I should have known better.

Eleven-some thousand findings, struggling inexorably to transform from scanner output to csv format. It was too late; the scanner tool was on a mission to dump megabytes of data into a spreadsheet and there was nothing I could do to cancel it.

As I sat there staring at the progress counter slowly creep upward, I questioned my life choices up until that point. I’ve been a security practitioner my entire adult life. I’ve (legally) stolen troves of data in many forms. I’ve discovered untold thousands of vulnerabilities in my penetration testing days, most of which didn’t amount to much; inconsequential findings that did not correlate to any meaningful risk to the organization I was testing. I’ve always weighed more the vulnerabilities I knew would net the golden ring, whether it was unauthorized access to sensitive data, privileged access to a network or system, or whatever prize the vulnerability du jour led to.

And yet there I was, wondering what made me even look for that many vulnerabilities. For some reason I enabled all vulnerability checks in the scanner configuration. The scanner categorized most of the findings as “information,” usually mundane tidbits of data more suited for asset inventories than vulnerability management. Of those 11,000 findings, maybe 25 were categorized as high risk, and maybe a few hundred or so as medium risk. After some threat modeling and other consideration, it turned out there were maybe five relevant vulnerabilities that required prioritized action. All those informational findings? No need to worry about those.

Except one. And man, it was a killer.

It was a simple thing, really. The scanner identified something my team and I had taken great pains to disable long ago. I was confident – arrogantly so! – that it was disabled, so I didn’t bother checking the scanner output to see if it was suddenly active again.

I think you can see where this is going.

It wasn’t until later during an internal audit that I discovered I made the mistake of not propagating my vulnerability management strategy wide enough to encompass a critical process in our security program framework: to periodically validate everything that could have the most adverse effect on the business. Thankfully, it was discovered internally but let’s be honest, nobody enjoys internal auditors finding anything at all, much less something significant.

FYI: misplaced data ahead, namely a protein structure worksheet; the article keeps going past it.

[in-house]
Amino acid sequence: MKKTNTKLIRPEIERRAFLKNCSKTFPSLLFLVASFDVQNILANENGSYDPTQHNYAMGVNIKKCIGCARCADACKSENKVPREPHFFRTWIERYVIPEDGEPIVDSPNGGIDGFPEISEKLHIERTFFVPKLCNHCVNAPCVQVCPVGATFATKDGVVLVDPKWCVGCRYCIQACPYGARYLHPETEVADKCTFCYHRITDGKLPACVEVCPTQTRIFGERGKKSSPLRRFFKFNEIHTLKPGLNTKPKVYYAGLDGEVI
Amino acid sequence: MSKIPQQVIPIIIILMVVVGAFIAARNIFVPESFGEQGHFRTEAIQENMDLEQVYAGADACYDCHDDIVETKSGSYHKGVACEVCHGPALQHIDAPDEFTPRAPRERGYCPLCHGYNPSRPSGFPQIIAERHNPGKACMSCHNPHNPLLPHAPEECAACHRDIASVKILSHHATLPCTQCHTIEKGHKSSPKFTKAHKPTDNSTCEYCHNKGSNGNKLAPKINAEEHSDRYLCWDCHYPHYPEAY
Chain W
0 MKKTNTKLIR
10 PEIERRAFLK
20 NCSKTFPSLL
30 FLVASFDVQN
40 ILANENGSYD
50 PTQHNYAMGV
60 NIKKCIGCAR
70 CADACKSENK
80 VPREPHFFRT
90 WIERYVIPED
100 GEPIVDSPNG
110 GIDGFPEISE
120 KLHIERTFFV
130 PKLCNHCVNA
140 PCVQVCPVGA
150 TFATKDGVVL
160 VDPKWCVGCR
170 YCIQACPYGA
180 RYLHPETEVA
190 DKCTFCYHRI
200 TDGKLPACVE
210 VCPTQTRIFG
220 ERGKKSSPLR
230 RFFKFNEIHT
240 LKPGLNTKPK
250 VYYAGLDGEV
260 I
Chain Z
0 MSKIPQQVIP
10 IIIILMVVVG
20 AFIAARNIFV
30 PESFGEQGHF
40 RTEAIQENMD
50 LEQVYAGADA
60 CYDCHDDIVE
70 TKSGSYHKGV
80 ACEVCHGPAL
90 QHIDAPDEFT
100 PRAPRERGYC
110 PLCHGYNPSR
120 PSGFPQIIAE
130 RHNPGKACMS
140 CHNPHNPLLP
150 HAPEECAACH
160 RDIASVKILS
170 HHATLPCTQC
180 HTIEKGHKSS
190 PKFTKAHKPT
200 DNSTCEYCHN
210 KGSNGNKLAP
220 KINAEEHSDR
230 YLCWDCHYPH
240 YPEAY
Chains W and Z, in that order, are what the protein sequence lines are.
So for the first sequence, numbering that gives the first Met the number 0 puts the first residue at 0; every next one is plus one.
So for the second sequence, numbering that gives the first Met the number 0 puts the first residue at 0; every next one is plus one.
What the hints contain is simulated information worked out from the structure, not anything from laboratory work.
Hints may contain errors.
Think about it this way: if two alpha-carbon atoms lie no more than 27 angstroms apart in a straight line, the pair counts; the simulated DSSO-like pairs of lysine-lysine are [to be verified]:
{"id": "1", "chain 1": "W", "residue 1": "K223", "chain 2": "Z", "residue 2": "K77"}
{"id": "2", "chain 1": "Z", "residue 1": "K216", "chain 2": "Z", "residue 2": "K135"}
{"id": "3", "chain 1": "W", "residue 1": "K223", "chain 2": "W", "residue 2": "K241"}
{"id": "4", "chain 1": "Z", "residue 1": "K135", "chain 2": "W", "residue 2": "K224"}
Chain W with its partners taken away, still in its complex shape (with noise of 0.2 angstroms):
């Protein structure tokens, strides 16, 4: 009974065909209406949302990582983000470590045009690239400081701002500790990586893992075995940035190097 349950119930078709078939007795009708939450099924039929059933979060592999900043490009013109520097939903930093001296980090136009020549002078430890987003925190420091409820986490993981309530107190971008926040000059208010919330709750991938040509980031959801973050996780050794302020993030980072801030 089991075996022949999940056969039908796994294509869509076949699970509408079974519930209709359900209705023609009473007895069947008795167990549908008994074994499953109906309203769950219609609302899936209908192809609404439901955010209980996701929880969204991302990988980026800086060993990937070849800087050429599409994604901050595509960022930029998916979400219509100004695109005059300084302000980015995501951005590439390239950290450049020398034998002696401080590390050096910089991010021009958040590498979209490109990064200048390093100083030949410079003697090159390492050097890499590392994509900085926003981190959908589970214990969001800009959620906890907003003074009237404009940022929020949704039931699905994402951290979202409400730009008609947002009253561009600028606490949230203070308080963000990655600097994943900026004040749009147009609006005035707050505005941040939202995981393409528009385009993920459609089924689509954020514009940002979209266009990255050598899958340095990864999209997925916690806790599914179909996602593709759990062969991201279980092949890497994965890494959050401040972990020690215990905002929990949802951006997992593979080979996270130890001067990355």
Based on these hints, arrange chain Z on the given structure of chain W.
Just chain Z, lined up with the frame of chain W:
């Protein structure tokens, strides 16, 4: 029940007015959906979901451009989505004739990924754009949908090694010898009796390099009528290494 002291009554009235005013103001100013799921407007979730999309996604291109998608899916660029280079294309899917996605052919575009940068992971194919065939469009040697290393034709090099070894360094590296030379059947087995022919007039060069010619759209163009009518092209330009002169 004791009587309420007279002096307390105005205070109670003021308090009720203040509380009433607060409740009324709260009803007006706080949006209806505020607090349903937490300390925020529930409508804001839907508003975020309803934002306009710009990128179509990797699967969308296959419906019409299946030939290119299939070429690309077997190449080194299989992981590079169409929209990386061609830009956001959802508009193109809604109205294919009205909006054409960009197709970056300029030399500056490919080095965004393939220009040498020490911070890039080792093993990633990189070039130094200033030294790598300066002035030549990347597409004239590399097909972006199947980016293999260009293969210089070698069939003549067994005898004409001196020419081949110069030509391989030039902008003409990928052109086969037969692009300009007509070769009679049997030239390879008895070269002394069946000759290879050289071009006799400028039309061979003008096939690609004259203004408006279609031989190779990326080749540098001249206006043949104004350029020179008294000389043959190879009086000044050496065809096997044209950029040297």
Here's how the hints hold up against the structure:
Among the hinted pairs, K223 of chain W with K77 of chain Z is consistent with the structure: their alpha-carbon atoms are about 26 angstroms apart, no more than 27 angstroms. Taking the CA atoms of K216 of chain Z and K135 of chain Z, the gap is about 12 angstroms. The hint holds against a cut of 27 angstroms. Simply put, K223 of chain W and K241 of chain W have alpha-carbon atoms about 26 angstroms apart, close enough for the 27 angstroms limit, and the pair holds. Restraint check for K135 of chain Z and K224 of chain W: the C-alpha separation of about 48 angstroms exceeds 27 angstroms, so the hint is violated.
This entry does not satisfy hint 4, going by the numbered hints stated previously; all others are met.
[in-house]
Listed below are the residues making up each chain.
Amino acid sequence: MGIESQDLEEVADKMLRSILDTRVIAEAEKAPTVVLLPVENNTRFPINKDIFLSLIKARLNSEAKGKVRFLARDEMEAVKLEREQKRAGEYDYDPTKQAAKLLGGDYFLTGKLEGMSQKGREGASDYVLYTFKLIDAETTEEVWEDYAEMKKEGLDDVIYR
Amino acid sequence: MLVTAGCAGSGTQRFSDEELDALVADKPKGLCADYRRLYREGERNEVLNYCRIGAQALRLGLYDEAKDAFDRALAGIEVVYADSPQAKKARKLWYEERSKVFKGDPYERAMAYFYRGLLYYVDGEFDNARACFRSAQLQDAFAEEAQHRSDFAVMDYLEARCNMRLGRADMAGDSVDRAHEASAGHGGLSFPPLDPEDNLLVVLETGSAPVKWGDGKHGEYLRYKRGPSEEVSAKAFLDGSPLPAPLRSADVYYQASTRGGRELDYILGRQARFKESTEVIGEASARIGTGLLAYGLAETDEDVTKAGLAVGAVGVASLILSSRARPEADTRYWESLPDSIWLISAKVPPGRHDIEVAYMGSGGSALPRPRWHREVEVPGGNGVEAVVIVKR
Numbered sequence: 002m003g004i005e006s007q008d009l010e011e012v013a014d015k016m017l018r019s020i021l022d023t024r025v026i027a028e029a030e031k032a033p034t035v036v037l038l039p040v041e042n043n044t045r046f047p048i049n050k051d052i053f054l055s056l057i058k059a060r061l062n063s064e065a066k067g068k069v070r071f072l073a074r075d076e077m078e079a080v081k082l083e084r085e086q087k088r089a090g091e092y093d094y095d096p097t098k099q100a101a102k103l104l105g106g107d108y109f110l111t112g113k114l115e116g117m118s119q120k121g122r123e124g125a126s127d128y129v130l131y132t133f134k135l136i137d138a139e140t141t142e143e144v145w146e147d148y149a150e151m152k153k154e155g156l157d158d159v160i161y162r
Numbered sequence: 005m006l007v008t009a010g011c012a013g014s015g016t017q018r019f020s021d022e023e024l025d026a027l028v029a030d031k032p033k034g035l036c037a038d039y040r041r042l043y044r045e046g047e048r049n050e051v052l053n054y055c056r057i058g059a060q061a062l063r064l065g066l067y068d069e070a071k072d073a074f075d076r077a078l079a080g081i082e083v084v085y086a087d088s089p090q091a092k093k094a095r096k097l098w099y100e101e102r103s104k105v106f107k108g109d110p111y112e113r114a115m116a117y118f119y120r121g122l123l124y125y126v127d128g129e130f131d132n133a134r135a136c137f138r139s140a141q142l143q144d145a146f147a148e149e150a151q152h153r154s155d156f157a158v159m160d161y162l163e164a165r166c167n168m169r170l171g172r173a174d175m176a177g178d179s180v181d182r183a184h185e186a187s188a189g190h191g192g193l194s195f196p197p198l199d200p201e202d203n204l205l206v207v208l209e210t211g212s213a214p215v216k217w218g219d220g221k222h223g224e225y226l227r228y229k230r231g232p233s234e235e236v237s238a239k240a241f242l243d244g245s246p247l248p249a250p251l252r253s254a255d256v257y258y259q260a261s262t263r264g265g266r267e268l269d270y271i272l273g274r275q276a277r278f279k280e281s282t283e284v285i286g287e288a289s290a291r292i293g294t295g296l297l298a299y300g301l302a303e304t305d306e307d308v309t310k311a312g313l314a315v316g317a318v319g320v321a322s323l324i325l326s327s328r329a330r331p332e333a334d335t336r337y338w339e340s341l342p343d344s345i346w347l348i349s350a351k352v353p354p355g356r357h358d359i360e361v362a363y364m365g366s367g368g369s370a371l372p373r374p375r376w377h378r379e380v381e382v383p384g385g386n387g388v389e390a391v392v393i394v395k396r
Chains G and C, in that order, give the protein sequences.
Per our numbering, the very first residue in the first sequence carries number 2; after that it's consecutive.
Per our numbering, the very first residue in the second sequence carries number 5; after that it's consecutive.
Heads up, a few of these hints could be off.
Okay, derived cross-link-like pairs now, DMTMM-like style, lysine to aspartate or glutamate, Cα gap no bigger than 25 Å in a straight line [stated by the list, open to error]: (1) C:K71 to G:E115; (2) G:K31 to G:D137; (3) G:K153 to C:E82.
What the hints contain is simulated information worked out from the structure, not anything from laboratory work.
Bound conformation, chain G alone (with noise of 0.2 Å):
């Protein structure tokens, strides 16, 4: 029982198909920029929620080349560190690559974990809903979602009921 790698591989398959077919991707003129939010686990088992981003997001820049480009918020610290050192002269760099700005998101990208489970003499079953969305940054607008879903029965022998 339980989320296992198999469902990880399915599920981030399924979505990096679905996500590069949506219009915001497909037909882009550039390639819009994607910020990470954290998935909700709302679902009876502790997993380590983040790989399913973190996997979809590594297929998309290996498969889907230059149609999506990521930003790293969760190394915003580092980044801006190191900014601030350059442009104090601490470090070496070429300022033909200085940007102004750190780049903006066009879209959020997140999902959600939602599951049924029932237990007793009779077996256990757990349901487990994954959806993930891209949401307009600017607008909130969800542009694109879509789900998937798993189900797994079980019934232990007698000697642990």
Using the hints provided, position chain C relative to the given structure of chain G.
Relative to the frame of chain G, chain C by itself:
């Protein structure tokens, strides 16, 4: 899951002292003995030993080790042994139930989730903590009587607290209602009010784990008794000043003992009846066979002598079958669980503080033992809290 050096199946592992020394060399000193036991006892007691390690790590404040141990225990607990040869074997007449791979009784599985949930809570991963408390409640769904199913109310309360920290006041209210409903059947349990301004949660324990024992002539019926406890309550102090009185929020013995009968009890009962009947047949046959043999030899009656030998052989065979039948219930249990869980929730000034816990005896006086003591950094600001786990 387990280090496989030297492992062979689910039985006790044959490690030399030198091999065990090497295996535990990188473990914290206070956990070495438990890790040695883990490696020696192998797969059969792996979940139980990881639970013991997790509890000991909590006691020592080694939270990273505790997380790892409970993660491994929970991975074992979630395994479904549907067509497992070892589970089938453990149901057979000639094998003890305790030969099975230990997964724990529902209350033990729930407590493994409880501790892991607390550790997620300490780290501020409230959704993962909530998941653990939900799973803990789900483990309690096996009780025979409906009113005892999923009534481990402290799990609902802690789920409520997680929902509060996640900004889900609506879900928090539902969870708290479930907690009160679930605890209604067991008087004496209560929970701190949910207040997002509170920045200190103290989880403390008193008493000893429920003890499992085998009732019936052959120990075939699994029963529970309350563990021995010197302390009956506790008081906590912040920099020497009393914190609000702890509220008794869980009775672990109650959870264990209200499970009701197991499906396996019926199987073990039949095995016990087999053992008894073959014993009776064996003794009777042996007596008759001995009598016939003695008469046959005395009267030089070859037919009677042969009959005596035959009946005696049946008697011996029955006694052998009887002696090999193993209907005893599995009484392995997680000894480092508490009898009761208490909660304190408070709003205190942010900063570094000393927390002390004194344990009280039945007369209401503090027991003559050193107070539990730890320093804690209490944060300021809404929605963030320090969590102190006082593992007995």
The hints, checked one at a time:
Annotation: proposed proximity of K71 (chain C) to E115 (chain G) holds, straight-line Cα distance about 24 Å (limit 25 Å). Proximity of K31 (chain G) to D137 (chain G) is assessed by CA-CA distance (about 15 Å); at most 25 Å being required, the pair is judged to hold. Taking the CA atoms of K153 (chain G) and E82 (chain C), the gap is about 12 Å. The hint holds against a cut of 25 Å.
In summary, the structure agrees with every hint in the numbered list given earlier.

To be fair, how do you sift through 11,000 findings to determine which are important? You don’t. At least, it certainly isn’t using spreadsheets, arguably the most common method of tracking vulnerabilities. Spreadsheets are the devil. Dumping vulnerability data into them leads to headaches and doesn’t provide the kind of tools needed to manipulate and correlate the data to produce meaningful outcomes in managing the vulnerabilities. And besides, it’s unnecessary. This entire approach is inefficient and ultimately unnecessary.

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A Scanner is not the Equivalent of a Vulnerability Management Program

The truth is, many organizations consider vulnerability management to be running a scanner with all the checks turned on, and then addressing the high-risk findings. In my experience, this bottom-up approach presents a few problems:

  • Scanner policy configurations are not one-size-fits-all. When set to scan for all possible technology vulnerabilities, the scanner can produce an enormous amount of noise in which meaningful vulnerabilities may be missed or ignored. This “spray and pray” method creates more confusion and eventually apathy toward purposeful vulnerability analysis.
  • Similar vulnerabilities can pose drastically different risks. A discovered open share on a file server containing HR data may be categorized by a scanner as medium risk, but the actual risk to the business is high or even critical. A discovered open share on a print controller containing fonts or no files at all may also be categorized as medium risk but in fact is a low risk to the business. Without the proper context an organization may treat these two findings as equal and expend the same time and effort (cost) in addressing both when they do not merit equal treatment.
  • Measured improvements in security maturity are an expensive undertaking. The costs in terms of money, time, and effort can skyrocket if guardrails aren’t applied to focus the process on specific goals, otherwise it is a continuous game of catching up each time a vulnerability scan is run.

The key is to understand the risks most likely to disrupt the business from meeting its objectives, identify the threats that would cause and amplify those risks, and select the controls most appropriate for managing those threats. The controls should then be regularly measured and audited to ensure they are implemented correctly and are effective in protecting the organization.

In the next blog in this vulnerability management series, we will look at how to align vulnerability management goals to meet the organization’s business objectives, and present considerations for maturing vulnerability management processes into risk-based program strategy.